Easy to find, it is right by the roadside and has grown into a sizeable tourist attraction. The bubbling extremely hot waters were the first thing to greet us as we pulled into the parking area. The water sloshes out of it’s contained area regularly and staying back is well advised, however it is still possible to buy an egg to boil on the end of a stick in the water. Despite people boiling eggs with the water, a British lady still decided to try dipping her hand in the water to test the temperature. Tom saw this unfold and found it highly amusing when she screamed and realised just how hot it was. She won’t be doing that again in a hurry.
All around the outside are places to shop, eat and rest, but the main attraction for us was the abandoned temple construction just along the road and was the main motivation for the stop.
This derelict structure holds some secrets, although it looks like a complex solid construction from the outside, we were surprised to learn the top section is mostly a well made facade around an internal metal lattice work. Electrical wiring hung exposed out of the walls and pillars, making this place a whole lot more modern than it intends you to think. We couldn’t glean exactly what this place was meant to be, either a part of the Geyser attraction which went bust or something else entirely? But it was cool to see and explore and was a welcome first rest stop on our journey.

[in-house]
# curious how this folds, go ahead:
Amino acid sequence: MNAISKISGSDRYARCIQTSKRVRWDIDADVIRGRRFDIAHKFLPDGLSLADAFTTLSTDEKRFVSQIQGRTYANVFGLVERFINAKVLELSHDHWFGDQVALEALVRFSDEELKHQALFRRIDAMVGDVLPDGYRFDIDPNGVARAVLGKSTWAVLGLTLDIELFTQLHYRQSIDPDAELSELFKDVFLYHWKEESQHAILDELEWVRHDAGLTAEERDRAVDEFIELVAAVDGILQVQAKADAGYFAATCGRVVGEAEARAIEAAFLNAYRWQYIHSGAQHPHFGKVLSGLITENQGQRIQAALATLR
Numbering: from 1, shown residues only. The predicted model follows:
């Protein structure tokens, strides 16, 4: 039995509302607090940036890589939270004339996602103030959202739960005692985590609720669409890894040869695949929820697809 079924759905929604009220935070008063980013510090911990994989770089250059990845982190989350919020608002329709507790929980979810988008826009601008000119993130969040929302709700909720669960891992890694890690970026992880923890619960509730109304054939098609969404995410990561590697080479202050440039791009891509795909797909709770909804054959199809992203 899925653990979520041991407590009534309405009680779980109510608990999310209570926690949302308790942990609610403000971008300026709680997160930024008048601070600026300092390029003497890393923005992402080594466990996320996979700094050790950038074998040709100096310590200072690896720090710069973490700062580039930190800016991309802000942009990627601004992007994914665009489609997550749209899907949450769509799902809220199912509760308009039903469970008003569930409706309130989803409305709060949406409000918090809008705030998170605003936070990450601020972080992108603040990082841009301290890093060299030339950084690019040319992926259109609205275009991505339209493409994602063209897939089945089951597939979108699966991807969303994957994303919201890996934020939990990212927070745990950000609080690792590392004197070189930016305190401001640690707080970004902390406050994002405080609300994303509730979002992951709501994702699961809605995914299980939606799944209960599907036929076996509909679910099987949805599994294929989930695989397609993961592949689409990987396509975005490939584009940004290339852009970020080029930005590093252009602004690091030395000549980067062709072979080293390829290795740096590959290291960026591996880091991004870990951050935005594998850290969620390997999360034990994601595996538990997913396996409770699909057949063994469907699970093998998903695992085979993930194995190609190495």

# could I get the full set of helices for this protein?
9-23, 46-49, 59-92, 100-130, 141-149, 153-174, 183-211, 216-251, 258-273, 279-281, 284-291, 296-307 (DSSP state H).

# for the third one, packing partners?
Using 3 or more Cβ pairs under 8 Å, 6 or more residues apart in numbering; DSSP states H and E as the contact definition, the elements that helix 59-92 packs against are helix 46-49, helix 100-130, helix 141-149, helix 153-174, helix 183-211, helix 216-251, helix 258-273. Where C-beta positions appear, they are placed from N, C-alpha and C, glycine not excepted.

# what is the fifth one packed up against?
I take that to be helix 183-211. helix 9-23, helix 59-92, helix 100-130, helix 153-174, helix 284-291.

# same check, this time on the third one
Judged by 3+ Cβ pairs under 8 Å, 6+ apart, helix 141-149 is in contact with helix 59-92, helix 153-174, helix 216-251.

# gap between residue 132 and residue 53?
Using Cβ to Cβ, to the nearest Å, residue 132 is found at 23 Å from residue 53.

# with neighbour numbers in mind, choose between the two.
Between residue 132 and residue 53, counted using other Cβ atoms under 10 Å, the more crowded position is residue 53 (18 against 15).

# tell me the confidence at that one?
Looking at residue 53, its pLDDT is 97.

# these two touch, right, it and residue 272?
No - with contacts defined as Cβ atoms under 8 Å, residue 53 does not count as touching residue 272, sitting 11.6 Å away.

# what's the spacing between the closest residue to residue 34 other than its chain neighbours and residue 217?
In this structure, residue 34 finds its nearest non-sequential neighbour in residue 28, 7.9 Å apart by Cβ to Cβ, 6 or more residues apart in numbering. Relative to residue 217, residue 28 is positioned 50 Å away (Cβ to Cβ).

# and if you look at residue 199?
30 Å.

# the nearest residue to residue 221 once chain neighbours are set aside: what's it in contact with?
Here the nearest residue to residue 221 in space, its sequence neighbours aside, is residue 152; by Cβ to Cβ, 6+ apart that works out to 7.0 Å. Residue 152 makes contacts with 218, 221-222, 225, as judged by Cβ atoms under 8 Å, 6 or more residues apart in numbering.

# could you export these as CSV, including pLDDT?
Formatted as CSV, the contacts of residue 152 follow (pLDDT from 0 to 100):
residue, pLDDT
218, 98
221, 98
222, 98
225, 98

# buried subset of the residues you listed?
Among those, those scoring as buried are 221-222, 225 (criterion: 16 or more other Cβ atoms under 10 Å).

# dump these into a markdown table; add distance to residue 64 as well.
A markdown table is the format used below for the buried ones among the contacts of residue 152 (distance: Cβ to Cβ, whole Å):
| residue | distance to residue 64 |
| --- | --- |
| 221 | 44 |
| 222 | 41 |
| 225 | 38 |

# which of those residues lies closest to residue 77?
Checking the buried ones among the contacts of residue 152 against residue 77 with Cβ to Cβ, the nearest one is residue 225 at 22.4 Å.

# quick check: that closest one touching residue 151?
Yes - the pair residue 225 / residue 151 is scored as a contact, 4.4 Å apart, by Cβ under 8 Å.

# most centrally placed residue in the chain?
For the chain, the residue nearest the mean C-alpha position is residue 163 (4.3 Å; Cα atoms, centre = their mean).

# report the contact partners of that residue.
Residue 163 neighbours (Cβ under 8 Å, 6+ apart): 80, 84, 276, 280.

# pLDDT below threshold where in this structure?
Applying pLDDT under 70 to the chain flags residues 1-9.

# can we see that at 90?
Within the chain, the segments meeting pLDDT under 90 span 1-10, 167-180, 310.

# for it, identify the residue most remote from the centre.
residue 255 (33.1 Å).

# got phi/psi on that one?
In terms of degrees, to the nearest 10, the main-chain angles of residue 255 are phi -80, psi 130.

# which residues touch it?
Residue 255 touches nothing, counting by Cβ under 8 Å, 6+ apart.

Back on the road and another hour and a half of driving through rice paddies and small villages we came to our next stop, The White Temple.
We arrived at one of the most unique temples in all of Thailand, it was an impressive sight to see. This is one of the biggest tourist attractions in the area and it showed, there were hundreds of people all clambering and jostling to take photos of themselves posing on it’s bridge of ‘Rebirth’. A total cost of about 100 Baht for the two of us to enter the grounds of the temple is more than reasonable looking at how big the grounds are and how well maintained it all is. Tom fought his way to the front of posing people to set up his tripod and capture some images. We stood there for nearly an hour waiting for a clear shot, but it never came!
The temple itself is incredibly aggressive looking, with skulls, sharp points and suffering people moulded into it. One of the most unique things about this temple is the pit of hands which are reaching up as if to be saved.